Investigators believe the illegal drug was either laced with some kind of poison or "cut" with another substance.
The regional security minister called on any users who had bought cocaine in the past 24 hours to throw it away.
Reports suggest the drugs were bought in the same shantytown, and nine arrests have been made.
Investigators are awaiting the results of post-mortem examinations to compare drugs seized in raids with those consumed by the victims.
Those affected come from the Hurlingham, Tres de Febrero and San Martín districts of the capital region and were brought to local hospitals.
Outside a hospital in Hurlingham, people said by local media to be related to one of the victims attacked and damaged an empty police car.
Cocaine (hydrochloride) is a highly addictive stimulant extracted from the leaves of coca plants and is generally snorted.
A 2019 report on drug consumption in the Americas listed Argentina as the country with the third highest rate of cocaine consumption per person after the US and Uruguay.
In San Martín, police identified four of the victims as Hernán Castro, 45, Martín López, 36, Dino Melgarejo, 33, and Fernando Yacante, whose age was not given, the Buenos Aires Times reports.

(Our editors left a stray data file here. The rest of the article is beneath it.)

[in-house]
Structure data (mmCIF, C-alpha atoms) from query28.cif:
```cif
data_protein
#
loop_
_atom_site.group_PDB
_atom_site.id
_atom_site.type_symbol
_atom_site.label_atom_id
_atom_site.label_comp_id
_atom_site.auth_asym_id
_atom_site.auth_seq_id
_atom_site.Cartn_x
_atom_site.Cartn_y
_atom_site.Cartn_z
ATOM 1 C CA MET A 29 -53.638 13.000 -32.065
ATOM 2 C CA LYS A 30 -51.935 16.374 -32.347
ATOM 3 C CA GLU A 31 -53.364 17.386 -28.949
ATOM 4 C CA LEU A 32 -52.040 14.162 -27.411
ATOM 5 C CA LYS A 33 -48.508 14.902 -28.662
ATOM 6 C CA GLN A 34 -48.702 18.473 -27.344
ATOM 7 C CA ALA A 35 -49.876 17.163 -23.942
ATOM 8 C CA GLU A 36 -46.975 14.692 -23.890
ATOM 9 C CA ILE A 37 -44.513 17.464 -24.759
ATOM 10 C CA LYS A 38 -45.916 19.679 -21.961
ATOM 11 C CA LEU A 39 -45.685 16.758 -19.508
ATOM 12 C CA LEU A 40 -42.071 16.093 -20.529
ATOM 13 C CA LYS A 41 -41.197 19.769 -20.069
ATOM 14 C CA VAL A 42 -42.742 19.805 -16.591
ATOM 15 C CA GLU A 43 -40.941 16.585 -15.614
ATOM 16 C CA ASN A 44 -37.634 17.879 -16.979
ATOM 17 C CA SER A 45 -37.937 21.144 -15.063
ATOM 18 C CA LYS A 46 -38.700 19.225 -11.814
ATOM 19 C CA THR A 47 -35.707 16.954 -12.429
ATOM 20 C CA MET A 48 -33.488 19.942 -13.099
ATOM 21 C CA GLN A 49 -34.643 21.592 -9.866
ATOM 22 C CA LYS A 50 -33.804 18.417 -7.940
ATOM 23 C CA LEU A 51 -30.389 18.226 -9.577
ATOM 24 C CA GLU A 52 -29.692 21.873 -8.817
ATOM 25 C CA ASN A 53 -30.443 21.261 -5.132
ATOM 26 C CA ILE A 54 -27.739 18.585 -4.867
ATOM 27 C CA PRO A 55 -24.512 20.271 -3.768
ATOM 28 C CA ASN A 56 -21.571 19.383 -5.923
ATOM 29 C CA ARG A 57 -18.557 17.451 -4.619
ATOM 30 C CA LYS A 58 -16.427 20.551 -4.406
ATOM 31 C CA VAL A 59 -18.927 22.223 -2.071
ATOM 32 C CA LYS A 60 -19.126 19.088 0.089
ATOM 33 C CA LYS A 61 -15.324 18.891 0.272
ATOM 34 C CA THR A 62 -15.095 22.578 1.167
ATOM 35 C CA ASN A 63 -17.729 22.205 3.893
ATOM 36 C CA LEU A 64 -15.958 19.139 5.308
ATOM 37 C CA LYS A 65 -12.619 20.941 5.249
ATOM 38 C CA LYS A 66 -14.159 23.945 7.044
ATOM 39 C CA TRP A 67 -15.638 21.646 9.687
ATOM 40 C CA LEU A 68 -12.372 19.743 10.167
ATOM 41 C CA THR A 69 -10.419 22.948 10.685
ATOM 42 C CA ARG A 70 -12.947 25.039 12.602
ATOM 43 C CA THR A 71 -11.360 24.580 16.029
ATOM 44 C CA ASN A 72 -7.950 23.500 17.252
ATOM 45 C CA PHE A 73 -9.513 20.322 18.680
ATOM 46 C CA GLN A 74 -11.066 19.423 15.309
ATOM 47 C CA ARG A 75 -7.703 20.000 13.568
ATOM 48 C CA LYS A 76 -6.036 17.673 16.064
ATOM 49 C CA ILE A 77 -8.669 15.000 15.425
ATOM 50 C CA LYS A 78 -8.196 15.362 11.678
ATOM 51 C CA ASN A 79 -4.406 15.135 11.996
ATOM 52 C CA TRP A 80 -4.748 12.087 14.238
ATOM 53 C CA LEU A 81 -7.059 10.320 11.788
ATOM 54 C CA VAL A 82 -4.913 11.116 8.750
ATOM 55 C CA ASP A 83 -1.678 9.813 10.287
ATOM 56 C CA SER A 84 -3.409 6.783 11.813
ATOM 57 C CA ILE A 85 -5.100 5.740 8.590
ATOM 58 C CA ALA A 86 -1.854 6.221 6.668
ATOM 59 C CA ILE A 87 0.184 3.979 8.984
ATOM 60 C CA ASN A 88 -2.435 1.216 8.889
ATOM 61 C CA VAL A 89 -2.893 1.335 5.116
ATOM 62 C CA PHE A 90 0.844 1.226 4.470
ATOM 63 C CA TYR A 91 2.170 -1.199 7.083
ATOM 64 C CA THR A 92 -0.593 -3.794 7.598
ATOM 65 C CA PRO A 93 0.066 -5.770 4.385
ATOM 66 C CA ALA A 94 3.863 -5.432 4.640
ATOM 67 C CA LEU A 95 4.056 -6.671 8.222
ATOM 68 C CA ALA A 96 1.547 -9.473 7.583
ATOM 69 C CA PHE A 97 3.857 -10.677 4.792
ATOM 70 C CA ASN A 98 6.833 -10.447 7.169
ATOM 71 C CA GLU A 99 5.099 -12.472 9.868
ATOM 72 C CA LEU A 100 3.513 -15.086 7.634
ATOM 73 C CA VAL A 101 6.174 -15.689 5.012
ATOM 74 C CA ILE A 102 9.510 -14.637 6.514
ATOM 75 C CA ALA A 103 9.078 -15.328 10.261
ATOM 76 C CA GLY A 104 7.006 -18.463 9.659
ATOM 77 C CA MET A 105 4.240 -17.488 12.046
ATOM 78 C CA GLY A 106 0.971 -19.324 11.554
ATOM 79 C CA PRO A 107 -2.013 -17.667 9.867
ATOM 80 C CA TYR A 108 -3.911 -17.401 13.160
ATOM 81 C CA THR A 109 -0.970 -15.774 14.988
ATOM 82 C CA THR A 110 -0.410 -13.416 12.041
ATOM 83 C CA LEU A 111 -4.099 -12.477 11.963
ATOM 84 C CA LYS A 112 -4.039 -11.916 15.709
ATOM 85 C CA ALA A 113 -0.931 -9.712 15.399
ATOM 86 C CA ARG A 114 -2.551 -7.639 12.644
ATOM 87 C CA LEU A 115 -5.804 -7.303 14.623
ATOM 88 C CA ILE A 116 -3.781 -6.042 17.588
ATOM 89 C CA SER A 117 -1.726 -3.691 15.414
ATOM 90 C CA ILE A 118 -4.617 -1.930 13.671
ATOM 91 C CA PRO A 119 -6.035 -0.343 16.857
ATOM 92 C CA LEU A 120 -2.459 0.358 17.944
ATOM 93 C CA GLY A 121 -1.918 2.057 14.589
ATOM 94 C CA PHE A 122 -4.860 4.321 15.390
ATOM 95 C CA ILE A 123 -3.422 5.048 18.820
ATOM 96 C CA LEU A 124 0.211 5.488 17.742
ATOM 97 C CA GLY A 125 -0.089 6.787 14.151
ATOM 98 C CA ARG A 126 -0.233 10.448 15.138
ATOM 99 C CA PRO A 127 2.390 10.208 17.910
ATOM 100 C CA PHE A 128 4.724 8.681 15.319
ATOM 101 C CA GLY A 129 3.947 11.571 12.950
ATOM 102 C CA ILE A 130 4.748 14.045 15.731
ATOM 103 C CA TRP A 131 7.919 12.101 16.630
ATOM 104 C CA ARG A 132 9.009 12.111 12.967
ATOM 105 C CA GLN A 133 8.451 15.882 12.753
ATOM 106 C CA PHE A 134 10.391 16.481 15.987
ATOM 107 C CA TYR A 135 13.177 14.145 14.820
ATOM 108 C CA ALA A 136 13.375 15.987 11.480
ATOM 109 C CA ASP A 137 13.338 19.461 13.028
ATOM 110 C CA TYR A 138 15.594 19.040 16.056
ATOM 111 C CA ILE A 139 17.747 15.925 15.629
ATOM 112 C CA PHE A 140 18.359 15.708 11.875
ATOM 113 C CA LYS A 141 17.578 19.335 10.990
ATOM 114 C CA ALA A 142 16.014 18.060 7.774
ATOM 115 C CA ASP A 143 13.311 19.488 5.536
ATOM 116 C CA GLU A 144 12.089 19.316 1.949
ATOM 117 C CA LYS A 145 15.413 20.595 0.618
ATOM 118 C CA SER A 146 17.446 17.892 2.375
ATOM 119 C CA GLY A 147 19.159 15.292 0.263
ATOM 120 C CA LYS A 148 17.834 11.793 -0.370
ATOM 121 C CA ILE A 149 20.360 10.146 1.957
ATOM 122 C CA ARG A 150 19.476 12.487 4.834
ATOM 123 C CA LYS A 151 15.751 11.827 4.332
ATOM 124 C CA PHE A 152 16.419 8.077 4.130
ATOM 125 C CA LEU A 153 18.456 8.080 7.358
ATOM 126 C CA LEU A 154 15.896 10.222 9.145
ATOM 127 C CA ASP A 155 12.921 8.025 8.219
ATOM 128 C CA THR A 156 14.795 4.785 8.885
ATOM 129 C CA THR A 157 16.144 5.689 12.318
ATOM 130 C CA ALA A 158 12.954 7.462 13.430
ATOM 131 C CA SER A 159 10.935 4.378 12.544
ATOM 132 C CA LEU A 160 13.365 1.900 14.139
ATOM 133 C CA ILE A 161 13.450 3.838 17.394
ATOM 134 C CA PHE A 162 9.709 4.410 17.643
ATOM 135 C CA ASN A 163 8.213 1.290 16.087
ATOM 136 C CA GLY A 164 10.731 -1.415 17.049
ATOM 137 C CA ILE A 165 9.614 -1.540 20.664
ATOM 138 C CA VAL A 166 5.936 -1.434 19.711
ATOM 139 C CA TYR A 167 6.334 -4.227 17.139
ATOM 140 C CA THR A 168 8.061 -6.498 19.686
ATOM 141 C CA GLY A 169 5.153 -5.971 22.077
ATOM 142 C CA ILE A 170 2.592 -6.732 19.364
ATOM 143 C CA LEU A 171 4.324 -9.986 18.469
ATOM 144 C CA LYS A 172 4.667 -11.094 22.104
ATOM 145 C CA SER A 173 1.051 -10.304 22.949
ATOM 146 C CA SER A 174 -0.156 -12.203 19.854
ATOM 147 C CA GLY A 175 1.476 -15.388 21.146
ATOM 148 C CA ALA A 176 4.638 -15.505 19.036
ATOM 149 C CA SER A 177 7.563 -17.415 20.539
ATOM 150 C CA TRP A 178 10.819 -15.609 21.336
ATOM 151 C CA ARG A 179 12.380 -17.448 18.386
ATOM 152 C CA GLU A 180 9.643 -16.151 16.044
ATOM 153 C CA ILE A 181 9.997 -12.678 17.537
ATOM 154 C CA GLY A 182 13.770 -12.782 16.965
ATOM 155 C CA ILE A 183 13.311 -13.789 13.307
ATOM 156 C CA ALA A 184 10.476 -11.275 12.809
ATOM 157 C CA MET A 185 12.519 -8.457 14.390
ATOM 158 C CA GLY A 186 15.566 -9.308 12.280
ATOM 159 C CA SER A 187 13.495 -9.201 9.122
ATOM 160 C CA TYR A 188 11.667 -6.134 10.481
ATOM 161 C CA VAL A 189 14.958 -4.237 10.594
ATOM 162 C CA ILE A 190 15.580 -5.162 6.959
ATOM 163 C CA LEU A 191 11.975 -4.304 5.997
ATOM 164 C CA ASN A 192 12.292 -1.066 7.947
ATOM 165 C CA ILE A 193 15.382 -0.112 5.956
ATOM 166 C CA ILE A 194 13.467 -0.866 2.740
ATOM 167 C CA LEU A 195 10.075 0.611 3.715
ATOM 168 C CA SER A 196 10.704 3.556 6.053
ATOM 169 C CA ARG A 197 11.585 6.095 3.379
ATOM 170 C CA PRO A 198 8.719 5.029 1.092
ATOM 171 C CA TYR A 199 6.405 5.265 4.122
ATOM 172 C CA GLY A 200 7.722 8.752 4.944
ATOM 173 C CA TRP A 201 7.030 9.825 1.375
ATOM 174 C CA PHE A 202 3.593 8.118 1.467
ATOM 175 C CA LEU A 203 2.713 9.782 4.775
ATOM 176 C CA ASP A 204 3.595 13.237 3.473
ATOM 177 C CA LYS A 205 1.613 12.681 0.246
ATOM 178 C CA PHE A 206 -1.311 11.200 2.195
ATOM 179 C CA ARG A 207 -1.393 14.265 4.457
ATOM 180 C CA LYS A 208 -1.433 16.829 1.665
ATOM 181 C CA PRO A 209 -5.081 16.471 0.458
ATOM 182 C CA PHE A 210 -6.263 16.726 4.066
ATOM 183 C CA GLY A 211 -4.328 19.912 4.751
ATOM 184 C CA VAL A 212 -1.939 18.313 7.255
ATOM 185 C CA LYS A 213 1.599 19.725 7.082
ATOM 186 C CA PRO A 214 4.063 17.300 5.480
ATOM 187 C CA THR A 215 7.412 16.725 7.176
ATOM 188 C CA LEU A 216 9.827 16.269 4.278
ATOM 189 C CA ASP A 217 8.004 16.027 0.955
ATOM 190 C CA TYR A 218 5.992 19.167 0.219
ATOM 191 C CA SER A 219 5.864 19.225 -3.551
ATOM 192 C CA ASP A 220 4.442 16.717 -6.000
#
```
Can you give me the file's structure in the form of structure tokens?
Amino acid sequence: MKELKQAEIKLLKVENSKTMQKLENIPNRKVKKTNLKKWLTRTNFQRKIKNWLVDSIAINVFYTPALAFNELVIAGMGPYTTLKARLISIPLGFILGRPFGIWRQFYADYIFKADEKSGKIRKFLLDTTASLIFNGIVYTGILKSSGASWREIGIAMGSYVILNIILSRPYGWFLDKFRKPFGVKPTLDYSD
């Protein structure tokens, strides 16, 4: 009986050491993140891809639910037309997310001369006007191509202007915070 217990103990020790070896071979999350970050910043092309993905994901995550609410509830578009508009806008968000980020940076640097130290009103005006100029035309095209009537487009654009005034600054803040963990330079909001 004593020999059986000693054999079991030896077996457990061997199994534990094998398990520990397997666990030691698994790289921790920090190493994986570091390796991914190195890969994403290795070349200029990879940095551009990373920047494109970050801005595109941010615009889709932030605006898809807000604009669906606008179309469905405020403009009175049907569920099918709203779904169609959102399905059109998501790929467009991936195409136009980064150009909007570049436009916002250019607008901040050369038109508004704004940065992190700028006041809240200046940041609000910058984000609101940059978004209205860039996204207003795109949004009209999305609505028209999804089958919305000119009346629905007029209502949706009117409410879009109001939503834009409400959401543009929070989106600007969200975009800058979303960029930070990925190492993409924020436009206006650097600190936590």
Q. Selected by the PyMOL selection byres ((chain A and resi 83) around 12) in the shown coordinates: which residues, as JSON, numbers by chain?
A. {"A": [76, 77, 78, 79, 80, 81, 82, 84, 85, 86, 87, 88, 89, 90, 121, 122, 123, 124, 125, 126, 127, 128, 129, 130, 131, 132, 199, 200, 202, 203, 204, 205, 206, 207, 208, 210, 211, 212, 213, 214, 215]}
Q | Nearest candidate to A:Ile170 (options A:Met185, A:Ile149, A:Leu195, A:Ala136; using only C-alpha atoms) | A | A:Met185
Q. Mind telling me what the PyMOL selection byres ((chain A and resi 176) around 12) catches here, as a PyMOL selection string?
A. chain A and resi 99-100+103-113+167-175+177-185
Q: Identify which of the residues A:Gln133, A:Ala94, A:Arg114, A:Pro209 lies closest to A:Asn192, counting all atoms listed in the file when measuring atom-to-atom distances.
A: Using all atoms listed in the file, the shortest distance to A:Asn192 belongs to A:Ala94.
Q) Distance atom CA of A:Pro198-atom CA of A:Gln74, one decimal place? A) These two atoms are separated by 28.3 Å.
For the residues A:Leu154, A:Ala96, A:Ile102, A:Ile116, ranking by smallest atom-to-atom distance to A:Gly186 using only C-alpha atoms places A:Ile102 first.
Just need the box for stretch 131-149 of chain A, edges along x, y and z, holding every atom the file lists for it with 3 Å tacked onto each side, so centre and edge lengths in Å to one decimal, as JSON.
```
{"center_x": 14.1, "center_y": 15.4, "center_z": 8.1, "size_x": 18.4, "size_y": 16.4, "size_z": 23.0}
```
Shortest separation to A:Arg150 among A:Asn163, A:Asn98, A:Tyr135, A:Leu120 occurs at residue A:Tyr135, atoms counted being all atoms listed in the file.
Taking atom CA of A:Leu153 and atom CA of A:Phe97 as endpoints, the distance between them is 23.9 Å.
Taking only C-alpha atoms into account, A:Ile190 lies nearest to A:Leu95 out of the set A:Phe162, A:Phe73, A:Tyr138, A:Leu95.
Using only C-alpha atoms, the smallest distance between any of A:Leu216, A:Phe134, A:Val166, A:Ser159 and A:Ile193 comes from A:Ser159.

One user reportedly told police they had bought cocaine off an individual in the Puerta 8 shantytown in Tres de Febrero, and raids were launched.
Cocaine was subsequently found in similar packages to those provided by a relative of one of one of those who had died.
Sergio Berni, the security minister for Buenos Aires province, said: "Every dealer that buys cocaine cuts it. Some do it with non-toxic substances such as starch. Others put hallucinogens, and if there is no form of control, those things pass."
On this occasion, however, the drug was cut with a harmful substance as part of a "war between drug-traffickers", he was quoted as saying by AFP news agency.
Authorities suspect the substance used to cut the cocaine contained a strong sedative, the agency adds.
Victims are believed to have suffered convulsions and sudden heart attacks.